Geoff Nuttall, co-founder and first violinist of the St. Lawrence String Quartet and Spoleto’s Charles E. and Andrea L. Director of Chamber Music, passed away last week after undergoing treatment for pancreatic cancer. Like many Charlestonians and Spoleto supporters, I shared a deep, abiding friendship with Geoff; he touched many of us through his talent, humor, grace and vision.

I first met Geoff during my set of final interviews for the general director position at Spoleto some 18 months ago. Musically, I first encountered him two decades ago when, as a young composer, I bought the album Yiddishbbuk, a recording of Osvaldo Golijov’s music for string quartet and clarinet, played by the St. Lawrence String Quartet and Todd Palmer. The album became a prized possession: Golijov’s music haunted me, and the recording of the album’s titular work has been in my mind’s ear ever since. I became a devotee of the quartet, collecting its recordings of Schumann, Tchaikovsky, Shostakovich and, of course, Haydn.

I never could have imagined that years later, my wife and I would be sharing a meal with Geoff and other members of Spoleto’s hiring committee. About the time dessert was served, the formality of the evening gave way to a vociferous debate between Geoff and me over the merits of late Beethoven: He didn’t care for the composer’s late period, a controversial position among classical music enthusiasts. We struck up an instantaneous friendship over common affinities: collecting old, obscure vinyls; building analog hi-fi audio systems; drinking a bit too much wine; biking around cities not built for cyclists. Immediately, I knew—whether or not I got the job—that Geoff and I would be friends for life.

The next day, I saw him perform at the Dock Street Theatre, and I was mesmerized. Geoff cajoled the crowd, explaining the piece—a new tango by Golijov—and demonstrating its intricate cross rhythms effortlessly by fiddling on his violin.

Experiencing Geoff’s chamber music series was incomparable. He introduced the players as if they were set musicians in a club. He approached the revered concert hall with casual insouciance: rebellious, but too nerdy to actually revolt. This spring, during the 2022 festival, the St. Lawrence String Quartet performed a Haydn quartet, which they played with gritty, nearly grotesque intensity—the hairs of the bow tearing off as if they were performing violent Bartók.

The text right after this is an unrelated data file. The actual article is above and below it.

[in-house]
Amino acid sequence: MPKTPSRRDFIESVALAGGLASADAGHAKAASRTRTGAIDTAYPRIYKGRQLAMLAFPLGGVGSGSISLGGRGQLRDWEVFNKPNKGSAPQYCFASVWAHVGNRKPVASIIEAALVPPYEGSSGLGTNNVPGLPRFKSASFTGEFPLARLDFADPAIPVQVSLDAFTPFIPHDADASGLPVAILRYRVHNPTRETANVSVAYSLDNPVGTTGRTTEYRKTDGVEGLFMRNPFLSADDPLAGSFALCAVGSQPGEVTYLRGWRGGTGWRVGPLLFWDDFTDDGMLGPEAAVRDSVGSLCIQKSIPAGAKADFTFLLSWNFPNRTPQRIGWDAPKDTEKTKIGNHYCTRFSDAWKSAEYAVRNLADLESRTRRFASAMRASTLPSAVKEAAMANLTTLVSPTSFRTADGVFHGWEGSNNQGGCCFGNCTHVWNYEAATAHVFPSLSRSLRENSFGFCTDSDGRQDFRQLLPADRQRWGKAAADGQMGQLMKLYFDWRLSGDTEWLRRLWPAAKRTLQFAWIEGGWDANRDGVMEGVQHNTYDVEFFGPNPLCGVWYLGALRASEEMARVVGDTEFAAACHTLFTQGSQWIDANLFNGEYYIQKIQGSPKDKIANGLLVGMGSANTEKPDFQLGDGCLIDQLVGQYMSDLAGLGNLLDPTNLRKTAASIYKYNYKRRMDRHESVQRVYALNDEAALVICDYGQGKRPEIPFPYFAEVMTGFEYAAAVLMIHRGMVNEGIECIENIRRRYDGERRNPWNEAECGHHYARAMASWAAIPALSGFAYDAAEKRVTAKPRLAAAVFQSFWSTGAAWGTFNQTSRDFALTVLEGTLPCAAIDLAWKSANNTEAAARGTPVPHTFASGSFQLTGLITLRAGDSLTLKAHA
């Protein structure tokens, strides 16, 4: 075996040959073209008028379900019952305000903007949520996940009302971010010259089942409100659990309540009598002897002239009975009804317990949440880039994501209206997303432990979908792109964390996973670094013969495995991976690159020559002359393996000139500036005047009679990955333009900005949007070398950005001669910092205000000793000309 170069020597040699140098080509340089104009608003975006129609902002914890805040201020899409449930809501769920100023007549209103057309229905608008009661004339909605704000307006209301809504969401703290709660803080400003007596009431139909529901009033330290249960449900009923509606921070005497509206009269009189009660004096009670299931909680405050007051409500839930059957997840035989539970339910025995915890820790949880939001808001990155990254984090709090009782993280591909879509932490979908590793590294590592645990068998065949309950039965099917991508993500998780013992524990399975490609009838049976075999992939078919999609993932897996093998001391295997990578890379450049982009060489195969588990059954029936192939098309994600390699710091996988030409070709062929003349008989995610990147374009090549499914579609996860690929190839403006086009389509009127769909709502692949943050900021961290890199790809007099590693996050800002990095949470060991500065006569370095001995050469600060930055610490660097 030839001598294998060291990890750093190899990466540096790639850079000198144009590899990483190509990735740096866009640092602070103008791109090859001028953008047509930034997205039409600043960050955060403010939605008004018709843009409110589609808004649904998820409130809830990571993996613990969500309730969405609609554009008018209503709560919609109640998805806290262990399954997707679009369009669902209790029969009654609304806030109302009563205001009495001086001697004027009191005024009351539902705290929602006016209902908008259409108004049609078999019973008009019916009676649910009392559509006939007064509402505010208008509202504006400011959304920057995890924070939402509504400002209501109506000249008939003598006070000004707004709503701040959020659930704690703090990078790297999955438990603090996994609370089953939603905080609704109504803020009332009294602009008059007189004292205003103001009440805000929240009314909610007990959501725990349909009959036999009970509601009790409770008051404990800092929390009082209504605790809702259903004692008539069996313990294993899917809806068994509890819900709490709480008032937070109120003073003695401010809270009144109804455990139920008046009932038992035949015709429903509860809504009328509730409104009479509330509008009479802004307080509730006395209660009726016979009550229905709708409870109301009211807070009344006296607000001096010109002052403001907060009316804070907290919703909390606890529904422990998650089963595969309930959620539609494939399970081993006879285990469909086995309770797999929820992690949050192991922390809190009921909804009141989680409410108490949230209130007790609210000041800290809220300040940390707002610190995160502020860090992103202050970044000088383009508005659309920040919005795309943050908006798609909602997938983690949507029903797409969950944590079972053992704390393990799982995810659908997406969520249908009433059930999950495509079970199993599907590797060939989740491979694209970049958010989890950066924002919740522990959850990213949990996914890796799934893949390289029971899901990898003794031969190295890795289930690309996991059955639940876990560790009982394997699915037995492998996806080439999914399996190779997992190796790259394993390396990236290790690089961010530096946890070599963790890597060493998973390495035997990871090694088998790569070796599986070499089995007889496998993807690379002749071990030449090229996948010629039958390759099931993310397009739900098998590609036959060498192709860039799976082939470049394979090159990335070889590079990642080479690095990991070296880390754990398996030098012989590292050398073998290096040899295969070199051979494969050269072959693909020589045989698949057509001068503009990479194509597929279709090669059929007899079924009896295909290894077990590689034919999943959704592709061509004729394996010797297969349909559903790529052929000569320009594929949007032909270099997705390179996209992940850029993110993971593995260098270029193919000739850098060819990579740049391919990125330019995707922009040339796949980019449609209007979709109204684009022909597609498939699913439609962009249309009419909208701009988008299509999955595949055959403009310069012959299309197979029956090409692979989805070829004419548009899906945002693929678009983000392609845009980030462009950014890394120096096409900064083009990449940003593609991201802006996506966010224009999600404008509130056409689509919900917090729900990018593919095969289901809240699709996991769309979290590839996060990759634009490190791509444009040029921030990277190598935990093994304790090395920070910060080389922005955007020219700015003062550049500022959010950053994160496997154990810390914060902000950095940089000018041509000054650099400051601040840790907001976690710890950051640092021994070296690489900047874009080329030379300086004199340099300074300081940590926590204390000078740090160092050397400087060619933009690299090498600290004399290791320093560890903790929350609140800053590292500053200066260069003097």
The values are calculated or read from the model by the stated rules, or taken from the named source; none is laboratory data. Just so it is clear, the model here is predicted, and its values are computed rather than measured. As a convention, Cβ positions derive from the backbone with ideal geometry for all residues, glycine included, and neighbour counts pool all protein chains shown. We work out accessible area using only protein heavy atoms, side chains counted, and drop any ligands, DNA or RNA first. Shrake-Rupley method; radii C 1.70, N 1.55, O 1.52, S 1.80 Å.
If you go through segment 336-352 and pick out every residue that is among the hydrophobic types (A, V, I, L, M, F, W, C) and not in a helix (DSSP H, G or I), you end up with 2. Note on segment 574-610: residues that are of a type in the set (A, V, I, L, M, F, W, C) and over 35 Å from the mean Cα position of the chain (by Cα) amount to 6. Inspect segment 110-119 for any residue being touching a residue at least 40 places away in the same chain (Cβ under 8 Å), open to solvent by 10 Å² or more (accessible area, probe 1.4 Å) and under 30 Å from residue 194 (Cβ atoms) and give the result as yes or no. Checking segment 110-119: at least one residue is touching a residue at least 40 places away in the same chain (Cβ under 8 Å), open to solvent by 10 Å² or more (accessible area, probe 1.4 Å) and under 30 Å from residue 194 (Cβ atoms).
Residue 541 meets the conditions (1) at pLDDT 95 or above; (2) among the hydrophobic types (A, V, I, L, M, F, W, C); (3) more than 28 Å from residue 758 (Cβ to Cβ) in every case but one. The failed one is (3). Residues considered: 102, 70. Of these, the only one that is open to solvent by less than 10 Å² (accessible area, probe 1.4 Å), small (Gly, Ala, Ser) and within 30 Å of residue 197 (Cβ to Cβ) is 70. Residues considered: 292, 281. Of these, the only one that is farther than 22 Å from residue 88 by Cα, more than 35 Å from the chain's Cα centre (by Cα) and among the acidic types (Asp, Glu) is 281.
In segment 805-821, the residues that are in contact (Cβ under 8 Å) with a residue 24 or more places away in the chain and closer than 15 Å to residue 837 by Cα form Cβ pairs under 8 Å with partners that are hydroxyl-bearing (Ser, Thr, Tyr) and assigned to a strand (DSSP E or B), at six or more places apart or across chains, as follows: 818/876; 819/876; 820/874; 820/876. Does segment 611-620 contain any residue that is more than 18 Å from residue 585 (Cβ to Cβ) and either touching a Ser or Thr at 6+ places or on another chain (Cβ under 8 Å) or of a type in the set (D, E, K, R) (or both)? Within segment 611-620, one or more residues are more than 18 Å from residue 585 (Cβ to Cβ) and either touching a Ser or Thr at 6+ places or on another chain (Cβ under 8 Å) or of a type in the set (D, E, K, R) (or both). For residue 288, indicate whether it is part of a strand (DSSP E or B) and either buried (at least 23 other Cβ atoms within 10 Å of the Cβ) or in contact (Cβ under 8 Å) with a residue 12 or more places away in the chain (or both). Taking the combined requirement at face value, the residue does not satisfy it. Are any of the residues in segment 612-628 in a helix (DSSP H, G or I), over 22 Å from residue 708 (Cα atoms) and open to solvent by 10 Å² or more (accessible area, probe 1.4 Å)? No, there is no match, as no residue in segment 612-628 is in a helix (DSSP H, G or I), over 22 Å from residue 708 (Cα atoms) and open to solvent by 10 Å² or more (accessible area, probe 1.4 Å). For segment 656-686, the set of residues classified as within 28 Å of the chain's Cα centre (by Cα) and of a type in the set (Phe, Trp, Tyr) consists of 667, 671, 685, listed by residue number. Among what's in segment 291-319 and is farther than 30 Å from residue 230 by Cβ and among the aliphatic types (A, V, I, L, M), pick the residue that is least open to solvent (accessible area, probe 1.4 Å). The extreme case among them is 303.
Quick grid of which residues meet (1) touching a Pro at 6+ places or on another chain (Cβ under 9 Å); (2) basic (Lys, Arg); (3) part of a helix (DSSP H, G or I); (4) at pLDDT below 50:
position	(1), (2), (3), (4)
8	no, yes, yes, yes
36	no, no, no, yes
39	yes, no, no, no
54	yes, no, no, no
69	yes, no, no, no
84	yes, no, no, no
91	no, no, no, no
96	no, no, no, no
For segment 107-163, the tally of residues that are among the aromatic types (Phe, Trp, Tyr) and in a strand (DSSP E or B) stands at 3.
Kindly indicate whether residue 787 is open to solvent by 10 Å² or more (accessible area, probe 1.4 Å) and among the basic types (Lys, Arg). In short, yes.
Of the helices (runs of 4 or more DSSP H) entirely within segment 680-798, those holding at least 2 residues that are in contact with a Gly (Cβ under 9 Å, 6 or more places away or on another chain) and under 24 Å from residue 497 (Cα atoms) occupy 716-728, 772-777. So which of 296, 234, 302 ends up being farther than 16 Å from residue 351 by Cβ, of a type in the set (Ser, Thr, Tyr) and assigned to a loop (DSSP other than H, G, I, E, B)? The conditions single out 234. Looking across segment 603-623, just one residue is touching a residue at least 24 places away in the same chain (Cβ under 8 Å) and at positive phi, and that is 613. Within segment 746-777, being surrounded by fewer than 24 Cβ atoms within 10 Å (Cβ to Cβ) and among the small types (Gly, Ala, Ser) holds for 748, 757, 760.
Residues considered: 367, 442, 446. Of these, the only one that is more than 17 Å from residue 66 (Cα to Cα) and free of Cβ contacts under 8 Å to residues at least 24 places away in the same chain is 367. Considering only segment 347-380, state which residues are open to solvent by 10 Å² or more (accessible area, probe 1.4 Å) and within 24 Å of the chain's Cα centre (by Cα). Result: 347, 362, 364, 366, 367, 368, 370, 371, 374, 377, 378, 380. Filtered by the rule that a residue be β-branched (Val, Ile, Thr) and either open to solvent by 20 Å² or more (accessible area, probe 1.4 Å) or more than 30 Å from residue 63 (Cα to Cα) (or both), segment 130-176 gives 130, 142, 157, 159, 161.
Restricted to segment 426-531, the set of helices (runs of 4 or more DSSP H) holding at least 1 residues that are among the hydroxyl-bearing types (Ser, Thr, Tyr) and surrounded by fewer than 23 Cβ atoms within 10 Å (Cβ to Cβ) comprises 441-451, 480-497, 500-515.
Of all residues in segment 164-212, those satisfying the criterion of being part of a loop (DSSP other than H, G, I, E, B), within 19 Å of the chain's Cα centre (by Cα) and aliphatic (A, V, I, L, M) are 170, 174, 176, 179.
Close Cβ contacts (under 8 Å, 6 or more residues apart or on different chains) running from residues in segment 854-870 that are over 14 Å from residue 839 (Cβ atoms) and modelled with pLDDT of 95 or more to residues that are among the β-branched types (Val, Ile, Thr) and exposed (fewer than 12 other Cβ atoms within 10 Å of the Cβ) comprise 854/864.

This Haydn was not about enlightenment-era balance and elegance; it was romantic, it swooned, it crashed, it caved and it climbed again. I realized I had never truly appreciated Haydn’s quartets before. The musicality was intense: through the crests and troughs of the quartet, Geoff and his fellow musicians drew into focus the composition’s overarching sonic architecture. That is the brilliance of extraordinary interpretation.

Geoff was an entirely singular artist: There are many virtuoso violinists, and of those a few who are also exceptional curators. There was one Geoff Nuttall.

Geoff did not just play the music: He exuded it, electrified it, he communicated it to anyone and everyone who cared to listen. And he did it with a boyish, rock-star brashness that sometimes bordered on the profane. He transcended classical music’s social strictures and democratized the canon with his adventurous attitude. He did not only do that for Spoleto; Geoff changed chamber music performance for America.

I am thankful for the year Geoff and I had to envision together: to start to build, produce and plan. This city mourns Geoff and extends its warm, Southern embrace to his family, who will always have Charleston as a second home.

We cannot replace Geoff—nor should we try—but in his final days, he and I discussed succession plans for the chamber music series at the festival. Rest assured; the music will play on at the Dock. It will be different, but it will honor Geoff the only way I know we can: through living and playing, through sharing and daring.

With appreciation,

Mena Mark Hanna
Spoleto Festival USA General Director


Read Geoff Nuttall’s obituary here.